Except then my new friend James told me that his dad would be along in a second in the Land Rover and he’d be happy to give me a lift for the last mile and a half since they lived near there anyway. So, disregarding all I ever learned about getting into cars with strangers, I hopped in the Land Rover and made it to the hostel as dusk set in.
I love how the kindness of strangers pops up every where, even on the most deserted country roads of Somerset at sundown on a random Wednesday in March.
In honor of just returning from my last solo trip of my study abroad experience, I thought I’d share some wisdom I’ve learned along the way—from London to Dublin to Paris to Yorkshire to Galway to Killarney to Glastonbury to Bath.
1. Plan ahead. Know where you’re going to end up, and how you’re going to get there. For me, what I do in-between I like to keep flexible—that’s one of the best things about traveling alone! But I believe in having a transport and accommodation plan. It’s a safety thing.
2. You can’t be shy. Another amazing thing about traveling by yourself is how open it makes you to the rest of the world. Because you aren’t tied to a group, you are less intimidating to approach. People will approach you. I have had truly inspirational conversations with people on buses, taxi drivers, store clerks, people everywhere. A smile and a genuine interest in the people around you goes a long way. Smile and the world smiles back, etc, etc, etc.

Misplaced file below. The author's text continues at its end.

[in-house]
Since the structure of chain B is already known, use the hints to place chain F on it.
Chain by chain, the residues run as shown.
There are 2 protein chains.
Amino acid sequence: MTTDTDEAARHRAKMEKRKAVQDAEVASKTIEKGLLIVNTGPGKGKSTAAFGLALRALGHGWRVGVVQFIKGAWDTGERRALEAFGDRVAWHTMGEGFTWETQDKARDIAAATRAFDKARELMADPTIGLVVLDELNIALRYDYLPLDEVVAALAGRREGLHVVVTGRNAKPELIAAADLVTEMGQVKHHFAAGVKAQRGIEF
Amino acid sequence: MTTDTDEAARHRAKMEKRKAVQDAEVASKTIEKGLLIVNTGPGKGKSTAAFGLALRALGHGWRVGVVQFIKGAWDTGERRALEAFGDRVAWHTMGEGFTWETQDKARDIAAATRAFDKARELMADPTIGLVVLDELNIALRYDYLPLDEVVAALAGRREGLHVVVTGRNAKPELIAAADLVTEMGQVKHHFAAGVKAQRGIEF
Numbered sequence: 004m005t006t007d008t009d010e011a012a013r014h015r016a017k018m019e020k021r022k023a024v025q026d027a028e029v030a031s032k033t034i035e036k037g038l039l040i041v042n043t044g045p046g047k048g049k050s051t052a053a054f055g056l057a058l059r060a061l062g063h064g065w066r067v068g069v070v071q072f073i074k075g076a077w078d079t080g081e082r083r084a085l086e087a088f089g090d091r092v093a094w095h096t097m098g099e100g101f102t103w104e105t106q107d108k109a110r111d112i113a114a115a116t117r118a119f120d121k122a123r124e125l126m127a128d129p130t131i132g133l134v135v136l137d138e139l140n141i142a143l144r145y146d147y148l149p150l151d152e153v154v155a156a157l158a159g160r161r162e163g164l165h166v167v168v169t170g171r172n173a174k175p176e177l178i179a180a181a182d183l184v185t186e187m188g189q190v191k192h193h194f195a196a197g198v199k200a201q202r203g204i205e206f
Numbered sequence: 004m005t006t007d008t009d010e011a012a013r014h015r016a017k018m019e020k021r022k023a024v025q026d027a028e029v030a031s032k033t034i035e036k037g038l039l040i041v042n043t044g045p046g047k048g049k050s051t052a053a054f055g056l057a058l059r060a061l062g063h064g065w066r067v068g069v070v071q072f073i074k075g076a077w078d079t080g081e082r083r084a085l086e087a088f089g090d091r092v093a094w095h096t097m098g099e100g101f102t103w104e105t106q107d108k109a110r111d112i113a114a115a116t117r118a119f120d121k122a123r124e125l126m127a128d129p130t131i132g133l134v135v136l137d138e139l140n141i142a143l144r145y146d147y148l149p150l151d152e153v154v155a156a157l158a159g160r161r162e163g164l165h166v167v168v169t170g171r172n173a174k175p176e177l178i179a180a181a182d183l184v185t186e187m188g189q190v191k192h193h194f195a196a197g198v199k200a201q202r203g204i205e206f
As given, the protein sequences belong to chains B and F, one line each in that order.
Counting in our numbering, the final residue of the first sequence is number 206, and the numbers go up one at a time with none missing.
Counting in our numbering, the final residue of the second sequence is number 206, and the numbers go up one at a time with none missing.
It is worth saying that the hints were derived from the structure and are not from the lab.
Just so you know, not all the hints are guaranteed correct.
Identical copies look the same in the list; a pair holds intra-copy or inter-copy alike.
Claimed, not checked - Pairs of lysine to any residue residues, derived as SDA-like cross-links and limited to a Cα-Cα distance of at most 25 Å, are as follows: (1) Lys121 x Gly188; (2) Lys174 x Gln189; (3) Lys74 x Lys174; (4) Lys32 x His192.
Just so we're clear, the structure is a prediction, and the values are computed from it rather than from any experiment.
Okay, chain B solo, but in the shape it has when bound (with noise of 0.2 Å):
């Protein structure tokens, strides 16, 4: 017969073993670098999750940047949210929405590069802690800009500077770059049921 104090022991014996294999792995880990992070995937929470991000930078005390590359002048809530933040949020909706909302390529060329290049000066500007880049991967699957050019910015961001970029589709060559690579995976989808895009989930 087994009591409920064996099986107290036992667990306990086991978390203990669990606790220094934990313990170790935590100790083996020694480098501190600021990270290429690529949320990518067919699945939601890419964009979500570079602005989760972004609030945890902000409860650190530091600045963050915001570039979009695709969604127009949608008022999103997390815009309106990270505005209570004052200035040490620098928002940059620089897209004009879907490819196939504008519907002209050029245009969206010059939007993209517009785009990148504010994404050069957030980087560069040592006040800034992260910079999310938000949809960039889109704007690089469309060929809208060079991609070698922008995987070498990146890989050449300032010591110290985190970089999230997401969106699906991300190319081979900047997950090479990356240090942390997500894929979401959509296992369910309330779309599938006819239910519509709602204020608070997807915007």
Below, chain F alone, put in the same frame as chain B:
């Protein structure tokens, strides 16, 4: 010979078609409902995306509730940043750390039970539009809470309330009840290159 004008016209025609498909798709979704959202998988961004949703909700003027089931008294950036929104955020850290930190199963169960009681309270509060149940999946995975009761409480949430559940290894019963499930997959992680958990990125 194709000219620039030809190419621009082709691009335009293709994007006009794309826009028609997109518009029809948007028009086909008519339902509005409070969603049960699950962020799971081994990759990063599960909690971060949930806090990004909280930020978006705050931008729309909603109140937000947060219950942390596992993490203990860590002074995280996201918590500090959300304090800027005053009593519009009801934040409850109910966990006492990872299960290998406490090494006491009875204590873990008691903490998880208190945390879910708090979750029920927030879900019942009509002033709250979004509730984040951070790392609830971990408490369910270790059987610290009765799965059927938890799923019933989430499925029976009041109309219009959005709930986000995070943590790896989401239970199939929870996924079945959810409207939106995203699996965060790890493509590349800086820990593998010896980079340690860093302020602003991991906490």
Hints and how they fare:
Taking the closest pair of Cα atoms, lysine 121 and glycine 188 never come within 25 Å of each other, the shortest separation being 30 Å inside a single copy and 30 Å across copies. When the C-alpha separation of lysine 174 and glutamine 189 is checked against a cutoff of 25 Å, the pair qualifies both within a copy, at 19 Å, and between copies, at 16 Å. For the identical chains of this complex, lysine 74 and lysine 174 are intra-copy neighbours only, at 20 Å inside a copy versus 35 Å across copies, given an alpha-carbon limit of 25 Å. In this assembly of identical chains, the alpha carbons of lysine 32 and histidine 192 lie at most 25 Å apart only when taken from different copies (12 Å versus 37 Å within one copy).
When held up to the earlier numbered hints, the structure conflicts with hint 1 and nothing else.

3. Be aware. When you’re alone, you need to watch your own back. There’s no one to keep an eye on your bag or your drink but you. It pays to be very aware—a wise man once told me that only someone who wants to get robbed pulls out all their money at once. You should think about the consequences of your actions.
4. Trust yourself. I always give people the benefit of the doubt. You never know where a friend can emerge. But sometimes you can tell if something is just a little off about a person—not in a humorous, non-threatening way, but in an unsafe way. It’s okay to remove yourself from a situation—just get up and move to a different seat on the bus. This is also when it pays to have chatted with everyone around you—that way other people can be aware of your discomfort and help you if you should need it.
5. It’s not like a plane taking off. Unless it is, literally, a plane taking off, most events don’t have to have a precise timeline. Things will happen, opportunities will arise, and if you get too stuck on a schedule, you will miss out on experiences. This was a hard one for me to learn, but sometimes it pays to chill out and follow whims.